If I remember my Sunday school lessons accurately, Cain was marked like a haddock and banished from Eden. In latter-day Newfoundland, by the way, banishment was sometimes the sentence for crimes less serious than murder — stealing sheep, for instance.
In days not as distant as Eden’s gates, as a result of some indefinite slight, sometimes one horde of naughty little bay-boys would ambush a second horde of equally naughty bay-boys and banish them with rocks, pelt the offenders with stones until they fled the neighbourhood.
Truly, eh b’ys?
In “Treasury of Newfoundland Stories: True Crime and Adventure” [Creative Publishers] Jack FitzGerald opens up a … well, a treasury of yarns, many of them featuring the heinous behaviour of some of Ol’ Cain’s descendants.
“Bus Ride,” the first story in Jack’s collection, took me to the hills of Bryant’s Cove where I’ve occasionally gone to claw blueberries into a bucket.
I can’t help that I associate Bryant’s Cove with berry-picking. That’s how I’m familiar with it.
In “Bus Ride” however, there’s not a single berry picked. Rather, Bryant’s Cove is identified as the home town of Donald Stone who, back in 1960, climbed down from the tangled branches of Cain’s family tree, and slew 19-year-old Joan Ash.
Because she would not be his bride, as is sung in ballads galore.
The third selection in Jack’s book tells how, in 1968, Gerard Parsons slew Audrey Ballett — not with a bloody big rock like Cain brained Abel — but with a hunting knife that’d he’d won at The Regatta hours earlier.
Because she would not be his bride.
Take a breath.
Now is the time for some German vocabulary. The German language has a lexicon of jaw-breaking words that succinctly express — in a single word — what it takes…well, English, for instance, a lengthy sentence to convey.
Here’s one: schadenfreude.
Of course I’m too inept to pronounce it correctly, but it means this: Satisfaction or pleasure felt at someone else’s misfortune.
Okay. Off to the courthouse where — eventually — Gerard Parsons was brought for trial: “People came from everywhere and waited in line for five hours to get a glimpse of the killer being brought into the building.”
Waited for five hours! Sounds like schadenfreude, eh b’ys?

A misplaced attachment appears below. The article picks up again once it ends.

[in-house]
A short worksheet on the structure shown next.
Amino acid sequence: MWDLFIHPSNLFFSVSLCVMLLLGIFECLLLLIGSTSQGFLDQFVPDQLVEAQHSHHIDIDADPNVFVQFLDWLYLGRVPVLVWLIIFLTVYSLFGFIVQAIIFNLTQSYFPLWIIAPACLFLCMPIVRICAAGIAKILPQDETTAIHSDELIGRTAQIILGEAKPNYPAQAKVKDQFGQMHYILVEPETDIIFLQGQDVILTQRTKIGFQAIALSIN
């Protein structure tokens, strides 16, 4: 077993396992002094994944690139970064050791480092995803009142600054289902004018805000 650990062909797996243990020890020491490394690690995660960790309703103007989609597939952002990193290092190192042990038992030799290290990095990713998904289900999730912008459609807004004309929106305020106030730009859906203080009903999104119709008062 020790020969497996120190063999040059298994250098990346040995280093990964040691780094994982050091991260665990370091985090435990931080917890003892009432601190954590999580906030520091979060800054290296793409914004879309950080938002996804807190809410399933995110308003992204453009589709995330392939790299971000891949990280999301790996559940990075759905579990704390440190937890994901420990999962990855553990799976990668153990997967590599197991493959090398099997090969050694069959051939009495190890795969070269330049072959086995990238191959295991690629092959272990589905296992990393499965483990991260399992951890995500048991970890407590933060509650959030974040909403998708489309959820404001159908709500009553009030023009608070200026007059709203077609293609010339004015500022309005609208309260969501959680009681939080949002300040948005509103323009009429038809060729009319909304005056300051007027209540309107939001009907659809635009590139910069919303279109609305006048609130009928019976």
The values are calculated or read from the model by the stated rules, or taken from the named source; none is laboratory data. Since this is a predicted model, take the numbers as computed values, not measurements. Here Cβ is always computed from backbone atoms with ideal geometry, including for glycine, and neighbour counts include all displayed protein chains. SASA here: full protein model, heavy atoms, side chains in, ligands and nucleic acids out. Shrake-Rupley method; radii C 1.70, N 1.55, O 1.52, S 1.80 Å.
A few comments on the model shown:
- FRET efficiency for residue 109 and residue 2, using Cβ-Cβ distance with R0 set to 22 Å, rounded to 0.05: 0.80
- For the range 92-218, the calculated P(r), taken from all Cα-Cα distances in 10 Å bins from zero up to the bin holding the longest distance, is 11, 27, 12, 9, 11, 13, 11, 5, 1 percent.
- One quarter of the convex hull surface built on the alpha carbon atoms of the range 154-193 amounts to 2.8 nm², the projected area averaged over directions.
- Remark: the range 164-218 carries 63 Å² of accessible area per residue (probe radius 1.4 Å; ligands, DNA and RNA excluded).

Some in that same crowd, rather than risk losing their place in line “…sent kids for Pepsi and chips.”
In “The Tong Murders” there’s a macabre piece of information about three Chinese men: “The bodies of the three slain Chinese men were placed in wooden coffins and displayed in a slanted position in the front window of the funeral home.”
This was St. John’s, 1922.
Forty years earlier, out in the Wild, Wild West [?] of Missouri, Jesse James’ corpse was displayed in an open coffin for a photo shoot.
Don’t believe me? Trot on over to Mr. Google’s house and see for yourselves.
In Port de Grave, not awfully far from Bryant’s Cove, in January 1834, Tobias Mandeville and Arthur Spring were hanged for John Snow’s murder…
… and by all accounts of the times, they deserved to be hanged.
But get this: They were hanged, dissected and then gibbeted.
Dissected and gibbeted!
In another case  a couple of killers named McGuire and Halleran were sentenced to hang: “Hanging, however, was not sufficient punishment [!] for the murder of a judge. McGuire and Halleran … were given the additional sentence of gibbeting. Their bodies were left hanging at Gibbet Hill on Signal Hill and remained on display for a week as a deterrent to others.”
A deterrent to others!
I bet a loonie some of you have played Hangman, a word game that ultimately hangs a stick figure from a…well, from a gibbet.
How about that?
This treasury is filled with horror stories.
That friggin’ Cain, if he hadn’t been so envious of the favour God showed Abel because of the lamb chops, perhaps none of this slaying would have happened.
Thank you for reading.
Harold Walters lives Happily Ever After in Dunville, in the only Canadian province with its own time zone. How cool is that? Reach him at email@example.com